It was a sizeable piece by Sarah Minor, called What Quilting and Embroidery Can Teach Us About Narrative Form It caught my eye because not only does the craft of writing interest me, but I’m also a fibre crafter. I dabble in cross stitch and am a long-time knitter. So needless to say, I read the essay with high hopes. I’m ashamed to say that I don’t remember most of the piece, but one concept rocked me so much, I had to put down my breakfast and re-read the passage.  Minor wrote,

“This centre could be the most significant or challenging moment in an essay. From there, the process of “piecing” a text, rather than writing it in a straight line, could free the writer from concerns about repetition, foundations, and chronology. “

These two lines made me stop because I’m in the middle of my novel and for many months I’ve been unsure how to proceed. I knew where I wanted to end up, you would think it would be an easy thing to get to the end. But no, I was stumped. And didn’t write a word for six months, not counting grocery lists. I couldn’t see how to write the middle because I was looking at the work in a chronological fashion.

Now, that’s a little odd for me, because some of my best work (in my opinion) has not been written that way. The work I’m proudest of has come to me in snippets of scenes, or conversations between characters, or moments of intense stress and conflict. I write them down, in chunks, and then thread them all together. Rarely has writing in a chronological way ever worked for me.

So why then was I trying to write ‘Infinite Worlds’  in, for me, an un-natural format?

I have no idea.

But it has mired me for six months.

So to read Sarah Minor’s words of wisdom this morning was a lightbulb moment. I read the passage twice before literally leaving my chair with coffee in hand. I went to the window, dog close behind, and stared out at the grey sky. The clouds provided no further wisdom, but it was clear I needed to return to what moved my writing. Not so much write what I know, but write in a way that worked for me.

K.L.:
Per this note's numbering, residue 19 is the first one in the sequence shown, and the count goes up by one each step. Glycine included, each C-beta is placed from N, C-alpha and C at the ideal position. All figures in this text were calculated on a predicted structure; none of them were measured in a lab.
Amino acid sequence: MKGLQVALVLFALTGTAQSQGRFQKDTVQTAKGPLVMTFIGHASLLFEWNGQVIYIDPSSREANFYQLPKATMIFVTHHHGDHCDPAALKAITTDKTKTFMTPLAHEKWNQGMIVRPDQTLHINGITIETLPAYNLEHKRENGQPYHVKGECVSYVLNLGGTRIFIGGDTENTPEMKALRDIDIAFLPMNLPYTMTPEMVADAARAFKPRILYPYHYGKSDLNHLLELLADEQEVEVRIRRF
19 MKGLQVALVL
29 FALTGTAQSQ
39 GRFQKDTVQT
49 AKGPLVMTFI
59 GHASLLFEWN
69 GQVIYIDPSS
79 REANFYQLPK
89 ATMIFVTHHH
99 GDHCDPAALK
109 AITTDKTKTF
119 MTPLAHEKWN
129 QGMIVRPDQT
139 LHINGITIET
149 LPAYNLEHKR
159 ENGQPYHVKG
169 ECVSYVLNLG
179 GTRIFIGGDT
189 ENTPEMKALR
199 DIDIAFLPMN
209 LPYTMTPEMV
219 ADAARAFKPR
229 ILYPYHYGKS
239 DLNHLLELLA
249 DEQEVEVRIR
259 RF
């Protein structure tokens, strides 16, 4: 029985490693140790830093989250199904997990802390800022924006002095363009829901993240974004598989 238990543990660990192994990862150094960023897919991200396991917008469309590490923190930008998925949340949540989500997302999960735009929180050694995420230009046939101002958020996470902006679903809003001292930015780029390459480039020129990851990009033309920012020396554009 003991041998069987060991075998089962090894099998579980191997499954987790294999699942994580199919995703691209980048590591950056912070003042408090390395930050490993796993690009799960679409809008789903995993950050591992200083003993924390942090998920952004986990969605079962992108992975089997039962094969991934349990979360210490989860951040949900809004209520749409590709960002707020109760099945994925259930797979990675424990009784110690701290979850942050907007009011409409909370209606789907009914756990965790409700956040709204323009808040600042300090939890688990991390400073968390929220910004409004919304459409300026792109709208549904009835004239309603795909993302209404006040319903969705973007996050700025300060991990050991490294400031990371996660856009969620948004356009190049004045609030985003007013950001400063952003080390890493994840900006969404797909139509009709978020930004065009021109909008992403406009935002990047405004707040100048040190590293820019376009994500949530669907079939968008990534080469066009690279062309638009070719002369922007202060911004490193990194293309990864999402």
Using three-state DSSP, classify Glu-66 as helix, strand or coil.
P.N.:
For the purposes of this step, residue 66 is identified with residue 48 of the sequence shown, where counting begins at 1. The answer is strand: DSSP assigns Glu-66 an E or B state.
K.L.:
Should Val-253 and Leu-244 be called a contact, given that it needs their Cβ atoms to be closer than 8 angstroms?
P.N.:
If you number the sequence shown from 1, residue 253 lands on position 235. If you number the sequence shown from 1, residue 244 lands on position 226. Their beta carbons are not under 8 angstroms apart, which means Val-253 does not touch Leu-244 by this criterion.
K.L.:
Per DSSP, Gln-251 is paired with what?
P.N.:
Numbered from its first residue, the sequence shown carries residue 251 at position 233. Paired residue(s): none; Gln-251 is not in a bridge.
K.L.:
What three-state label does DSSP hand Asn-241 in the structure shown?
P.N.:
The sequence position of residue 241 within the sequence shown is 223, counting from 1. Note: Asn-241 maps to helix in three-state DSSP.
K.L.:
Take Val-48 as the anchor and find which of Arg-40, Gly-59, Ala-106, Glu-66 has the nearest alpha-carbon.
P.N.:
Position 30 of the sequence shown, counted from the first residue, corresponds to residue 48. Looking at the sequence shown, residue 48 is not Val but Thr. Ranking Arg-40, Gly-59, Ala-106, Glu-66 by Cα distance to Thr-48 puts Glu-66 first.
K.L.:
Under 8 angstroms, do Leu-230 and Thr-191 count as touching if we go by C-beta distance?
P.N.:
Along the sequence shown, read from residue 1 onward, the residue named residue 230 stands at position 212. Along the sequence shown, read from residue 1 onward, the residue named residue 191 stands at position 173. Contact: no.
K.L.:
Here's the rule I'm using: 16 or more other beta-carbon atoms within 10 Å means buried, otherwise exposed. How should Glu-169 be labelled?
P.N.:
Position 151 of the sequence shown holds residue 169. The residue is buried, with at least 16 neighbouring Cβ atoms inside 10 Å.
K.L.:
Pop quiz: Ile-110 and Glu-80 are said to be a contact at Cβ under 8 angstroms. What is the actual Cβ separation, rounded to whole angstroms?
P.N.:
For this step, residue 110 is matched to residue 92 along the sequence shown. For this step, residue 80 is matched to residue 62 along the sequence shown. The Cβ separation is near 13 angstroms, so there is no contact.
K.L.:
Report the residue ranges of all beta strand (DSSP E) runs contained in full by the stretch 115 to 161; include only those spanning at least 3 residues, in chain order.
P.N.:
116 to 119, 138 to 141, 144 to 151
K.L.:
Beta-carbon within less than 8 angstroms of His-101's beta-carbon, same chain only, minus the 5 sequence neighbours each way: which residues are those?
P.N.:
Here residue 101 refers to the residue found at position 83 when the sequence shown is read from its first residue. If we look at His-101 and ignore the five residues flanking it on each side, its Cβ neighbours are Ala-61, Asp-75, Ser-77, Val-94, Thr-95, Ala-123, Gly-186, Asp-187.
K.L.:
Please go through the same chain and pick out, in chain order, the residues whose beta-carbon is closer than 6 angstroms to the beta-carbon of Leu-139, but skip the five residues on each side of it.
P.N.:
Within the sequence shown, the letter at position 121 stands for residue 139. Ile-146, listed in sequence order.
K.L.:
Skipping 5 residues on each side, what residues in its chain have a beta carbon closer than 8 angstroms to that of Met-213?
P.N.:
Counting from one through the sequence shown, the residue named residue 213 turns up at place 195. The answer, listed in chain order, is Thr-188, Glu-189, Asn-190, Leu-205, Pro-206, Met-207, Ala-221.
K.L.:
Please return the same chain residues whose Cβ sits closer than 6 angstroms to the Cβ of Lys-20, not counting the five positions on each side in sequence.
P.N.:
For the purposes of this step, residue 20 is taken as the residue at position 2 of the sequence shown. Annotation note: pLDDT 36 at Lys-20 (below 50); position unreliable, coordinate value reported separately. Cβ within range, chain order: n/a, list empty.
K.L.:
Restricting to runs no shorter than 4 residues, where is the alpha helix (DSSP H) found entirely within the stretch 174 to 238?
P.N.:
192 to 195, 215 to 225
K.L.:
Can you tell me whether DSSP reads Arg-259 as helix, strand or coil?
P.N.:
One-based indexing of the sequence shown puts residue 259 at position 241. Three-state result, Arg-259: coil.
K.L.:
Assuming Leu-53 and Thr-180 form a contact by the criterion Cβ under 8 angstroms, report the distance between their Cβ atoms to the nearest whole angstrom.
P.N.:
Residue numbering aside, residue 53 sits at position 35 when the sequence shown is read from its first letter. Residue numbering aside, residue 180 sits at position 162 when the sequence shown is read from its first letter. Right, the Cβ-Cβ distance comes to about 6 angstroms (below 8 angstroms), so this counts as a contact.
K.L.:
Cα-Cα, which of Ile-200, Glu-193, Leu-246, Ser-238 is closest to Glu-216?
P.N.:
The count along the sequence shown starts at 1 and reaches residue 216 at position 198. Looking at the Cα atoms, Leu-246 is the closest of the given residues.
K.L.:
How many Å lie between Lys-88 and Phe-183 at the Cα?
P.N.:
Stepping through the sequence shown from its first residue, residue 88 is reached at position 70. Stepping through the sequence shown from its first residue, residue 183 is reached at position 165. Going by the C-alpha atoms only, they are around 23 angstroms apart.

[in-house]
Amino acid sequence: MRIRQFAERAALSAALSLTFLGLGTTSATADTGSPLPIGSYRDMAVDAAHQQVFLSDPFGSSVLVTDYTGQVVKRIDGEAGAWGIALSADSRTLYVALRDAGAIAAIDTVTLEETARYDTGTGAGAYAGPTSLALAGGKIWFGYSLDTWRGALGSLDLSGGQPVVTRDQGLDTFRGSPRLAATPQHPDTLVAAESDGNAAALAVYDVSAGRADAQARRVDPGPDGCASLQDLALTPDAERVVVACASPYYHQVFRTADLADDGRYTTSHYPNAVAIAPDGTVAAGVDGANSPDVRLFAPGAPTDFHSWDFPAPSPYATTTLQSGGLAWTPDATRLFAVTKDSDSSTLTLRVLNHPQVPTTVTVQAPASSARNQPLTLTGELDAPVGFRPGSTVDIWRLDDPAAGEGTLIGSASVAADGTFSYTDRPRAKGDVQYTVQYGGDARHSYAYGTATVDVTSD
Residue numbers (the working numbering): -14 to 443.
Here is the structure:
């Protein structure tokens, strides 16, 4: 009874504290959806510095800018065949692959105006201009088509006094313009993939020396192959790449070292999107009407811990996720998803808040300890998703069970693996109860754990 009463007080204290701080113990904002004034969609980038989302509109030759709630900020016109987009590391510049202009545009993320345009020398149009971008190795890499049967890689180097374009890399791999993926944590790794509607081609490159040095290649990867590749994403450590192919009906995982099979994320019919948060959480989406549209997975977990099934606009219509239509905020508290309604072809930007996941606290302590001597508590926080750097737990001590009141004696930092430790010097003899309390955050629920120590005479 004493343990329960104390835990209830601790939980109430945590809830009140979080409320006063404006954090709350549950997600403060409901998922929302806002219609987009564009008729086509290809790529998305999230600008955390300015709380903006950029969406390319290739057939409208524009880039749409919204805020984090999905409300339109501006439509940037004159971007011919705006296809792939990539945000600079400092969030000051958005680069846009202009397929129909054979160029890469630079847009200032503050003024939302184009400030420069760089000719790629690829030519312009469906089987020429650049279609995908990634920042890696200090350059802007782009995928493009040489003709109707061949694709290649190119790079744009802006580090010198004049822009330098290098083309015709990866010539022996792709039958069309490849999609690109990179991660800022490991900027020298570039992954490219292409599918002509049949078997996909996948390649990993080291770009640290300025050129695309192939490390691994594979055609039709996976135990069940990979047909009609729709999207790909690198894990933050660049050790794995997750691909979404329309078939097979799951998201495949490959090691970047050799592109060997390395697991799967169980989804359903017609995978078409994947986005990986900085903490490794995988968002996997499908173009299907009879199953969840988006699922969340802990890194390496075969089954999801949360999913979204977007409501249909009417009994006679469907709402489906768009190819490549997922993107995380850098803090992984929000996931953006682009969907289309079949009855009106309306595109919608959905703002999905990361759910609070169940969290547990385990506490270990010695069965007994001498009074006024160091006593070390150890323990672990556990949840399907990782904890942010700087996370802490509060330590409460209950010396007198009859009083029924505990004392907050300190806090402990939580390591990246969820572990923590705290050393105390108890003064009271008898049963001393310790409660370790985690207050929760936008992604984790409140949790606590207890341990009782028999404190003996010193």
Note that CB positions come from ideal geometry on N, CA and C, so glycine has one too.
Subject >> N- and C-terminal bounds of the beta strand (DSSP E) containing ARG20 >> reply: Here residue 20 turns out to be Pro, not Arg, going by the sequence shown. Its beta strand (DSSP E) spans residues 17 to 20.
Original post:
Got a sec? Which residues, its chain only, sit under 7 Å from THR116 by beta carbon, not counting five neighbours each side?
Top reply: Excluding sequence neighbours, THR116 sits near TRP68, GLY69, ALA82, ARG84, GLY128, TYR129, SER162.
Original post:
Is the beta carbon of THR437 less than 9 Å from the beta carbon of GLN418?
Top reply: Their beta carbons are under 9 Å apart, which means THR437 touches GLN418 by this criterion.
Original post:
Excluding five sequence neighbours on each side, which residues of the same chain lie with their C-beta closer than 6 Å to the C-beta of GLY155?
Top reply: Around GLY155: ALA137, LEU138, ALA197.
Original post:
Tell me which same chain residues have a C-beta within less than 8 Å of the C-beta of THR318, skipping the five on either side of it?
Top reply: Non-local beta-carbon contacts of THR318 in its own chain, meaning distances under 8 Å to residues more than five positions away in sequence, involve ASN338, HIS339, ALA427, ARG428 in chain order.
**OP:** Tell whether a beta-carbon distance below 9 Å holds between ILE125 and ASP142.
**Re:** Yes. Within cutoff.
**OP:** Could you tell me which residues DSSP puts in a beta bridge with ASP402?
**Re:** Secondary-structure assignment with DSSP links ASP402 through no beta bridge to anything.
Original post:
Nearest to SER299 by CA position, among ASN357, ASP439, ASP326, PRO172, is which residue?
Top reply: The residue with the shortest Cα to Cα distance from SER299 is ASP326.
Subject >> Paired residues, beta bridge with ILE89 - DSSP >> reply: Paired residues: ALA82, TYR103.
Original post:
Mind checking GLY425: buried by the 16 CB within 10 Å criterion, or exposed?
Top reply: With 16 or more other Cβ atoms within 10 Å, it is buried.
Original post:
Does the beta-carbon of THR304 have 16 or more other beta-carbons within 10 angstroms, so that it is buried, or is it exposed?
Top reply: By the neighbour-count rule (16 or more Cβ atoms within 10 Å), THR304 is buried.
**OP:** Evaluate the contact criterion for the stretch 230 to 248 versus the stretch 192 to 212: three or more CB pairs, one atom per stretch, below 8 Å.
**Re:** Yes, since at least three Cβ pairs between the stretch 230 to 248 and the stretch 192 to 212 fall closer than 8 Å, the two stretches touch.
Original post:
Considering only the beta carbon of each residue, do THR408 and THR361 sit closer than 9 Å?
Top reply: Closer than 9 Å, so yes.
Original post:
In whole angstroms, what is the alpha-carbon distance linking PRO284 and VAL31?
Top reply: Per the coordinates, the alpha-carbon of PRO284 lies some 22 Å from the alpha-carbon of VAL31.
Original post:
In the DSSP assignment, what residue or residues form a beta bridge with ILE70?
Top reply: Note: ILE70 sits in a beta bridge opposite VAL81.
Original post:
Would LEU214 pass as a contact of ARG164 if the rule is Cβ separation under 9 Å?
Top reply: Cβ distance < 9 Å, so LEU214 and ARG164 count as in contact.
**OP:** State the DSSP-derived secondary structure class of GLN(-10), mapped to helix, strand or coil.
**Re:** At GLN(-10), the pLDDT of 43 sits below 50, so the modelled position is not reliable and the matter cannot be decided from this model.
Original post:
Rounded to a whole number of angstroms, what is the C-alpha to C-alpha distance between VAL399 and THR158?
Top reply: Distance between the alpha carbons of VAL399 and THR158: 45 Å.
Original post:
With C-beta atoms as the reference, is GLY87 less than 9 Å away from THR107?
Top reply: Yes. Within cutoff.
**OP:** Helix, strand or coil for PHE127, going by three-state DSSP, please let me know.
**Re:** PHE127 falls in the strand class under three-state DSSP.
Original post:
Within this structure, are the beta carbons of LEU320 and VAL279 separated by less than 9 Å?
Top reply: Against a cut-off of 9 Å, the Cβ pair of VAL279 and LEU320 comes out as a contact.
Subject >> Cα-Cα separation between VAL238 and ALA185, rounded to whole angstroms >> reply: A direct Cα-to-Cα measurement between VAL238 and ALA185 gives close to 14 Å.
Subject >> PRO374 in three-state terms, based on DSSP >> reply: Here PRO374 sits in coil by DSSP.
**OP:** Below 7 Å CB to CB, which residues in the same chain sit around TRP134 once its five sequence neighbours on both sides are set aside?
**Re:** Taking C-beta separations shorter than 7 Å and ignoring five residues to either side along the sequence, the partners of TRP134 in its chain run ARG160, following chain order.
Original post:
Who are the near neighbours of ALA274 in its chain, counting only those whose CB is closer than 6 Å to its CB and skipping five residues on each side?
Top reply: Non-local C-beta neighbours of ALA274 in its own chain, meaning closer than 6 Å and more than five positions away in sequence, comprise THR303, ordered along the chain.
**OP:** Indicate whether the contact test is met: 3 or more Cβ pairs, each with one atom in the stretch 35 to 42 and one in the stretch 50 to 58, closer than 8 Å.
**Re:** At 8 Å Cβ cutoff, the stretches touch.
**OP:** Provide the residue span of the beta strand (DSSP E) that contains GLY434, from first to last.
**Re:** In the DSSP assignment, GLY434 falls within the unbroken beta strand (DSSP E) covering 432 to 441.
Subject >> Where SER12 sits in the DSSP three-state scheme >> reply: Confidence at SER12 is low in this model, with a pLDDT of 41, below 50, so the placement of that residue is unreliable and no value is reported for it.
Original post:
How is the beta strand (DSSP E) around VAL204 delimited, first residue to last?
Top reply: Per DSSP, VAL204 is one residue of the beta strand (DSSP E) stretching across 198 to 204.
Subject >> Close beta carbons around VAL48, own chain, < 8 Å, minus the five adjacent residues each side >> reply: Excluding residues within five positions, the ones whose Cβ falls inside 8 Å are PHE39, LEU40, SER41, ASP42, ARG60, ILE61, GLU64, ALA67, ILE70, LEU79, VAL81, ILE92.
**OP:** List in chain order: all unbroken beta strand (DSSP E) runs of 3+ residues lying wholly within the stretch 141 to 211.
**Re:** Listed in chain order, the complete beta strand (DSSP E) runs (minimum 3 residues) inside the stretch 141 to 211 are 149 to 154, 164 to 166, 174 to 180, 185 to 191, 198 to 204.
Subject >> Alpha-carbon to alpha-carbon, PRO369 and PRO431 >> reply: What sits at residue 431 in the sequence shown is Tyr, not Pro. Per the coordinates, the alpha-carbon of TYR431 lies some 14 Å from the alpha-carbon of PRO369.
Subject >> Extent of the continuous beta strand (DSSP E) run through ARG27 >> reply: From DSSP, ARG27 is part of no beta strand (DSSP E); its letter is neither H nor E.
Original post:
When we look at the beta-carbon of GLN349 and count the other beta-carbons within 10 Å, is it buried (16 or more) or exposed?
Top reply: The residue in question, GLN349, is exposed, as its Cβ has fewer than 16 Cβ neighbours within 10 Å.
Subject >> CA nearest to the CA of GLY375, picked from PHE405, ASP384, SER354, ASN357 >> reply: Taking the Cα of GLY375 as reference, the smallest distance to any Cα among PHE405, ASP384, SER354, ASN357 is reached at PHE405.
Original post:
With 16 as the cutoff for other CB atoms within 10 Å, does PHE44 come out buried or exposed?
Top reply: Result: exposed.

So that’s the plan.

Now if I could only get to the bottom of Chancellor Roberts…


The Lily & The Crown


This book is so much more than what I thought, and even though I wanted to stop reading it at some points, I never did. The characters had gotten under my skin too much to abandon them.
At first, I found Ari infuriating. She seems to be withdrawn and insulated, and she is, to a point. But she is also passionate about things she believes in, and courageous when she doesn’t have to be. She has a hidden intellect and feels so much so readily. I liked her far more than I thought I did. And her ‘Assistant’….how many times I wished she’d been given a name when she was so unwilling to share her own. She was crafty and kind, and yet, the reader can always feel the pulse of mystery. You know she’s going to do something, we’re just not sure what. And yet, when the big mystery is finally revealed (even though by that time, we suspect the truth anyway), we aren’t surprised.
I enjoyed that neither of the main characters changed with their circumstances. I liked that Ari asked for her friends’ lives to be spared, even though that came as no surprise either. And I especially enjoyed the ending. I won’t give anything away, but it was the perfect ending for these characters. It was everything I didn’t realize I was hoping for…until I read it and realized I was hoping for exactly that.
And I loved this line the best of all of them…

“We cannot change the world unless we have lived in it”